Seeking a simpler interaction mechanism to study, Perl started to consider electron and muon interactions. He had the opportunity to start planning experimental work in this area when he moved in 1963 to the Stanford Linear Accelerator Center (SLAC), then being built in California. He was particularly interested in understanding the muon: why it should interact almost exactly like the electron but be 206.8 times heavier, and why it should decay through the route that it does. Perl chose to look for answers to these questions in experiments on high-energy charged leptons. In addition, he considered the possibility of finding a third generation of lepton through electron-positron collisions.
Discovery of the tau particleEdit
The tau lepton (τ, also called the tau particle, tauon or simply tau) is an elementary particle similar to the electron, with negative electric charge and a spin of 1⁄2, but with 3477 times the mass. Together with the electron, the muon, and the three neutrinos, it is classified as a lepton.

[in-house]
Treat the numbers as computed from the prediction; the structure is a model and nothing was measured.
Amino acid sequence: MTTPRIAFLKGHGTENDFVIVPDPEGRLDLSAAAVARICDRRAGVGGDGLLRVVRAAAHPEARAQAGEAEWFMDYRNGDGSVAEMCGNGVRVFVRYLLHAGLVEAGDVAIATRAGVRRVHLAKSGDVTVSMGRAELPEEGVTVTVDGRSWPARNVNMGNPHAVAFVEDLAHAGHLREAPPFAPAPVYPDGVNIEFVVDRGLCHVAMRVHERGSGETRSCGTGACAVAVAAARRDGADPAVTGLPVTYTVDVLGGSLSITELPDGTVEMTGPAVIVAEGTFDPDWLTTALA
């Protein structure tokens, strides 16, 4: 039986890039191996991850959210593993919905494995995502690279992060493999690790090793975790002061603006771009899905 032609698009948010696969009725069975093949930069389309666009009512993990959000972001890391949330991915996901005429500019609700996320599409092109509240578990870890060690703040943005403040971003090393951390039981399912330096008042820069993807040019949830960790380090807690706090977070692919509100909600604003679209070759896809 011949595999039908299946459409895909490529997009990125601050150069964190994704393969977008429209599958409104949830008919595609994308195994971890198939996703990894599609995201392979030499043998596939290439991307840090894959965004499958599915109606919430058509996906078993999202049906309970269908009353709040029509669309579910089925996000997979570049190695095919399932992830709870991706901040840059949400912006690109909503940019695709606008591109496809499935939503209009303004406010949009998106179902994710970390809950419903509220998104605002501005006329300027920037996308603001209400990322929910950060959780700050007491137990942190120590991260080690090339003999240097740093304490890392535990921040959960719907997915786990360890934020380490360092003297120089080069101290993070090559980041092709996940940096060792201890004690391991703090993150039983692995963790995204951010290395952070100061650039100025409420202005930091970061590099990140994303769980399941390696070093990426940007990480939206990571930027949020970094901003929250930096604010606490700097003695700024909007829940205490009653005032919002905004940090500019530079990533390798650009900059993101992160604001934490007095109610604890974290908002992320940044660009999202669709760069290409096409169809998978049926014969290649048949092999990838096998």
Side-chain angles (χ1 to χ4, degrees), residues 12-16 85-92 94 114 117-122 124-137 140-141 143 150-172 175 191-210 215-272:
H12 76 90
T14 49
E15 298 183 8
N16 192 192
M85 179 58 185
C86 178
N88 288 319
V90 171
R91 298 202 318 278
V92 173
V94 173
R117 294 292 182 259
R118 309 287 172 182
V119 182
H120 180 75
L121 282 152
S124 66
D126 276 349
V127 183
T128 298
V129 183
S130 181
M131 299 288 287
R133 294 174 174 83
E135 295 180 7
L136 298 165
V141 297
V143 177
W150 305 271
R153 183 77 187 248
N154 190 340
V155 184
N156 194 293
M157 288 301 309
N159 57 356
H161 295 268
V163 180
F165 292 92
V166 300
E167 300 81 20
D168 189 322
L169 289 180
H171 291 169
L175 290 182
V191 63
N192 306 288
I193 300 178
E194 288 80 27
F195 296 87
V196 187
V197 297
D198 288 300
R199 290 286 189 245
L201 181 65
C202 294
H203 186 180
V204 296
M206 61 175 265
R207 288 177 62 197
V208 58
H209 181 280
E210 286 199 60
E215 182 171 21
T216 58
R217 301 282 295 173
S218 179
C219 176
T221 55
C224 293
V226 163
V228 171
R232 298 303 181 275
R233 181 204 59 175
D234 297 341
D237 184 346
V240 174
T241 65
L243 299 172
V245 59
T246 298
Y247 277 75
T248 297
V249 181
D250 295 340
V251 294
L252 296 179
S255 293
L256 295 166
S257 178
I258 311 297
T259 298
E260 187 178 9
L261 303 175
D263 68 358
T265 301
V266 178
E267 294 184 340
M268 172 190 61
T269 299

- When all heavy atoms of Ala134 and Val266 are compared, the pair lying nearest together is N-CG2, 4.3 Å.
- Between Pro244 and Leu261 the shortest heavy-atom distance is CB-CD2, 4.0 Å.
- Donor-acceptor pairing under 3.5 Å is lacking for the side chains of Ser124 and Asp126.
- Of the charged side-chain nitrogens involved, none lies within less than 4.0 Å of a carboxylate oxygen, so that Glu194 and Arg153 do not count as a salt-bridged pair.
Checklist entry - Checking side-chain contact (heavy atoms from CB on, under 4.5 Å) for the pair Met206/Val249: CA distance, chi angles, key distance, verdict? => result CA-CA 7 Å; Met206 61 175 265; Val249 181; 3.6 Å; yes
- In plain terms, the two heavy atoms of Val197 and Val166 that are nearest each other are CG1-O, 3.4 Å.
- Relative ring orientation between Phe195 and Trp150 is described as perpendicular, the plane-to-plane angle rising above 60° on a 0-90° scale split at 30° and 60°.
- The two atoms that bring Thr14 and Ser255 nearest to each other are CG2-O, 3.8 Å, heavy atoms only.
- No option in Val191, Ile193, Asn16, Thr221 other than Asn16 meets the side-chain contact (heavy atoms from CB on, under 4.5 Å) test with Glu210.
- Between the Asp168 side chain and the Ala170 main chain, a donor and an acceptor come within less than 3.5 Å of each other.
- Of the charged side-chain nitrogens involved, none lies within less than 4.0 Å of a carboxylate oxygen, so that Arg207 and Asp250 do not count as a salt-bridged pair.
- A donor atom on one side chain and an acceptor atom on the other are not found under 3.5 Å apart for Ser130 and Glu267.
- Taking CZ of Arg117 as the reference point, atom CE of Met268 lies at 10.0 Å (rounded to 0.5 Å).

The tau was first detected in a series of experiments between 1974 and 1977 by Perl with his colleagues at the SLAC-LBL group. Their equipment consisted of SLAC's then-new
colliding ring, called SPEAR, and the LBL magnetic detector. They could detect and distinguish between leptons, hadrons and photons. SPEAR was able to collide electrons and positrons at higher energies than had previously been possible, initially at up to 4.8 GeV and eventually at 8 GeV, energies high enough to lead to the production of a tau/antitau pair. The tau has a lifetime of only 2.9×10−13 s and so these particles decayed within a few millimetres of the collision. Hence Perl and his coworkers did not detect the tau directly, but rather discovered anomalous events where they detected either an electron and a muon, or a positron and an antimuon:
We have discovered 64 events of the form
+ at least two undetected particles
for which we have no conventional explanation.